I’ll Take Art History for $100, Alex

The dread comes around 1:45PM Tuesdays and Thursdays. The day was Thursday.  The scene replays vividly in my mind.  I look around the room, most everyone looks a bit on the ‘joyous’ side. Fresh eager faces – sketch pads in hand, pencils at the ready.   In comes the teacher.  Up goes the drop cloth draped over a bumpy mound in the center of the room. A clutter of bicycles and assorted bike parts meets the eye.  We are instructed to draw the  shapes of the ‘negative space’.  Twenty-five minutes in to the exercise we are forced to ‘take a creative break’ –  I took mine in the parking lot, got on my own bike and rode home. Screw Art 100.

I get home, lock up my bike and enter our little shotgun duplex apartment.  My boyfriend looks up at me with eyebrows raised as I throw down my sketch pad in utter disgust and exclaim, “I can’t draw that fucking negative space! I hate art class!” There, I said it. Then I cried. Who cries over drawing the spaces between wheel spokes? Me. That’s who.

It was the first class I’d ever dropped in the sum total of 2 semesters of college that I had under my proverbial belt.  And let me tell you how it felt.  FREAKING’ AWESOME.   I wish I had the wherewithal to stand up during any of the 5 torturous art classes I attended with the words of my son at his 5 year-old birthday party, when he was annoyed that we had to break open a pinata instead of the gifts… “THIS IS A PLACE OF PAIN AND MISERY!”    Yes, art class is a place of pain and misery for me.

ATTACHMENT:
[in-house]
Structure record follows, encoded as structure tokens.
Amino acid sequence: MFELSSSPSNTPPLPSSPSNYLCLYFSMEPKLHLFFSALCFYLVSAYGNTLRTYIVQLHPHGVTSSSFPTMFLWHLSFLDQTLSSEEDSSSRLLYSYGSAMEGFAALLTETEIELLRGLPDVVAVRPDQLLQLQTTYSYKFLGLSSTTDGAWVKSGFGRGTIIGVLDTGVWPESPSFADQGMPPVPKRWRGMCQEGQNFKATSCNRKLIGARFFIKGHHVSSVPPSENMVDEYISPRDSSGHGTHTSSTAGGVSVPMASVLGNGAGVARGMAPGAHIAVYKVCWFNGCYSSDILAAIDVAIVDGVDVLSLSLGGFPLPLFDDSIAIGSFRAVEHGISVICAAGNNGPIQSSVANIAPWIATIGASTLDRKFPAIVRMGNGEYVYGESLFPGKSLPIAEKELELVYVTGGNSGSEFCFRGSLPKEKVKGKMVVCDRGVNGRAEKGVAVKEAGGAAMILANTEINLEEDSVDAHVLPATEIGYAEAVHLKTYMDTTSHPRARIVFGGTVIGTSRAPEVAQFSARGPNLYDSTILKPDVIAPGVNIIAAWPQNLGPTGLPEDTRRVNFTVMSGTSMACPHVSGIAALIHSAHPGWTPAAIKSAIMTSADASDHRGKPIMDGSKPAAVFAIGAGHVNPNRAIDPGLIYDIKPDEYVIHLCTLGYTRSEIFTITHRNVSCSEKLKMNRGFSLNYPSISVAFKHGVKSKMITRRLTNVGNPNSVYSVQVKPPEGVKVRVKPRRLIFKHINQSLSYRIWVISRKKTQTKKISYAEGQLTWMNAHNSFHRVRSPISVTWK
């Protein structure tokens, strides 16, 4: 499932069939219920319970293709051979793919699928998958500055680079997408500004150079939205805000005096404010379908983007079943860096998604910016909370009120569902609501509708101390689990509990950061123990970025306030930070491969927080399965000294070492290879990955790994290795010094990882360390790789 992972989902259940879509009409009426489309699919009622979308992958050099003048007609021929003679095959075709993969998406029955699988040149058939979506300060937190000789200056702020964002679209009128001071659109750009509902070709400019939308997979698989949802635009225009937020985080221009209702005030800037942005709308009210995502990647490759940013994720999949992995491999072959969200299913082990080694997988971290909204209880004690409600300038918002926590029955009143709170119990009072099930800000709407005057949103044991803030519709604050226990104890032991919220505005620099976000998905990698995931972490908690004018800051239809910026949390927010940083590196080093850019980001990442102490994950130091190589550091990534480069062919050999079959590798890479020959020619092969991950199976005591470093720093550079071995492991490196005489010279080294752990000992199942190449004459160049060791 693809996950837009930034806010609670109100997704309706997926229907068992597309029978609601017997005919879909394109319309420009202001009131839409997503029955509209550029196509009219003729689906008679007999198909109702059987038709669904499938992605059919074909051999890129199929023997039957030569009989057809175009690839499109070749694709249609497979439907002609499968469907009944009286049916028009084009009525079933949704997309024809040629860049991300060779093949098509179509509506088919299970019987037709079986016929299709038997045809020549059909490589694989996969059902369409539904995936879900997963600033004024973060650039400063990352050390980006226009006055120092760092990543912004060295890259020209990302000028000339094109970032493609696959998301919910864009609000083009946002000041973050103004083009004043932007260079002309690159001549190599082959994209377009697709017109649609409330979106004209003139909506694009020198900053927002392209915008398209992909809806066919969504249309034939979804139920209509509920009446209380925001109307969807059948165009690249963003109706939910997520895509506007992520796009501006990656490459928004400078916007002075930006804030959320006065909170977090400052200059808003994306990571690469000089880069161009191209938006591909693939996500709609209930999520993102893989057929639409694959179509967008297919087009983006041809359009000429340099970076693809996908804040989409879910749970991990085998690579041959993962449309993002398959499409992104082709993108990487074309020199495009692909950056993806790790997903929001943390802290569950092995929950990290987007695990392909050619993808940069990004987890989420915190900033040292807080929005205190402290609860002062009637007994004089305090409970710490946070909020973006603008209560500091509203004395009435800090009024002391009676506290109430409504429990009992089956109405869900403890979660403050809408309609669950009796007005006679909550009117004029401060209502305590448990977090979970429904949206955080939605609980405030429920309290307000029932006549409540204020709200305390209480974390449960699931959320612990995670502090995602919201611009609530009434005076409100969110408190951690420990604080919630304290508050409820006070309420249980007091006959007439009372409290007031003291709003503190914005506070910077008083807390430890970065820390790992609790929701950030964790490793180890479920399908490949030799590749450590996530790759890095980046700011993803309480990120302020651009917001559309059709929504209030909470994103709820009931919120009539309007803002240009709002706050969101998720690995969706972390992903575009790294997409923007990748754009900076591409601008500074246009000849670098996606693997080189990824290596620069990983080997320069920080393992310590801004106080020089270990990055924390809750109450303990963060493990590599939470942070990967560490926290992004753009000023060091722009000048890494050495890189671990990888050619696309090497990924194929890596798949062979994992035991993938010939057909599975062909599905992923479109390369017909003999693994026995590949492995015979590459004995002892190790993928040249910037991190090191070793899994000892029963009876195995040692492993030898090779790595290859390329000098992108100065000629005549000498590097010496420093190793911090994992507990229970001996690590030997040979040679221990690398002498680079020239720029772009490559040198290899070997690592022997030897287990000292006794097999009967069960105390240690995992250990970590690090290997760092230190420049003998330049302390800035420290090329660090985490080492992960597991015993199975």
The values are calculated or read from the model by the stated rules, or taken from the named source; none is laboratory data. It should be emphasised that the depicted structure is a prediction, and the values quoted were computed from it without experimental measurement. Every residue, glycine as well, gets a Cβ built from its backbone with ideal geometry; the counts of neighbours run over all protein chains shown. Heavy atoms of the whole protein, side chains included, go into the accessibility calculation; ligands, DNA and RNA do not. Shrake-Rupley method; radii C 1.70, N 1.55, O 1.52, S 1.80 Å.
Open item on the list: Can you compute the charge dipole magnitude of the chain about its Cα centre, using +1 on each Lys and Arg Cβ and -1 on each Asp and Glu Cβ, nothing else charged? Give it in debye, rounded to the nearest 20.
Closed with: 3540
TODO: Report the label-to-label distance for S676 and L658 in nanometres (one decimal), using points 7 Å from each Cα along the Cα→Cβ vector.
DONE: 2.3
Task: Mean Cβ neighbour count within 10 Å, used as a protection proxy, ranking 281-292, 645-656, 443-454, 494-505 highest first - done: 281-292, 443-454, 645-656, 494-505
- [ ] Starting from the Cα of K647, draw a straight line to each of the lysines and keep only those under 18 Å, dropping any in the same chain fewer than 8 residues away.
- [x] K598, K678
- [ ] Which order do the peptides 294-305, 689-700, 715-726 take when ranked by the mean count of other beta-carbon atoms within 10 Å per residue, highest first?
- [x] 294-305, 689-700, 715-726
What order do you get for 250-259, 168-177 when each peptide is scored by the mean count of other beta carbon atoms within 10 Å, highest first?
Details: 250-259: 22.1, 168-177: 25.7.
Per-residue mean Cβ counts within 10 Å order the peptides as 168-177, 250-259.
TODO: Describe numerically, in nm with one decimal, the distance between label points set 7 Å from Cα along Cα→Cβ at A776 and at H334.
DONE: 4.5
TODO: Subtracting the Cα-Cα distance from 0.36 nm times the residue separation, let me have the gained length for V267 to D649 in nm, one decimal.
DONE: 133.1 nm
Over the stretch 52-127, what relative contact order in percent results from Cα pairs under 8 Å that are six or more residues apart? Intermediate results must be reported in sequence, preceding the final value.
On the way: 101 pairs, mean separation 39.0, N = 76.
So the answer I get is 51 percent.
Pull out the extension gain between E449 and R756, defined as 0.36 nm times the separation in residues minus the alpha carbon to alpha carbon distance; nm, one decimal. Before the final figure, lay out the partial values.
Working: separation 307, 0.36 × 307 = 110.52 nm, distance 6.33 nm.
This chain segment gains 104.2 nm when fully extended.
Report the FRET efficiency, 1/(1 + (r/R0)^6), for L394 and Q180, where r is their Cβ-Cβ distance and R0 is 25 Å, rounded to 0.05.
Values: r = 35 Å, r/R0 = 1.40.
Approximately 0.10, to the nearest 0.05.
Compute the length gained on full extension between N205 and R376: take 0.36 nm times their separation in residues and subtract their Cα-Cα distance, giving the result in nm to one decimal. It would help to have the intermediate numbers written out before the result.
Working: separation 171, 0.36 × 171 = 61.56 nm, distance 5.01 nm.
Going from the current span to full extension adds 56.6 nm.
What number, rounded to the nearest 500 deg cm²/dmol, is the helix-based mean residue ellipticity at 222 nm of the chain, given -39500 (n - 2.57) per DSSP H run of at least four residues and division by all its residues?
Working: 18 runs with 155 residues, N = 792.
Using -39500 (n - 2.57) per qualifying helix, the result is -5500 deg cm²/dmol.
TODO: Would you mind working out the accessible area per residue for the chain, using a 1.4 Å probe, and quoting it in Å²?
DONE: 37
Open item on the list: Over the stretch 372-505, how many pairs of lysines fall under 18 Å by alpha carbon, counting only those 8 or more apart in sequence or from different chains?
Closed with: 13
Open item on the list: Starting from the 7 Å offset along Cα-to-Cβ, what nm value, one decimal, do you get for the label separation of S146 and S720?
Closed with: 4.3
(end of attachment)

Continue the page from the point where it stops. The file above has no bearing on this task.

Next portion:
I am no artist.  I married one, and almost all of my friends are crazy amazing artists. I’m missing some sort of gene, that’s my best explanation.  I cannot translate what my eyes see or what may be in my mind to anything coherent on a piece of paper…and I’m just fine with that.  I feel a little weird admitting I never really enjoyed art classes – they were filled with frustration, tragedy, and lies.

  • Frustration: not feeling comfortable with the artistic medium we used (from crayons to clay – it all sucked)
  • Tragedy: the results of my attempts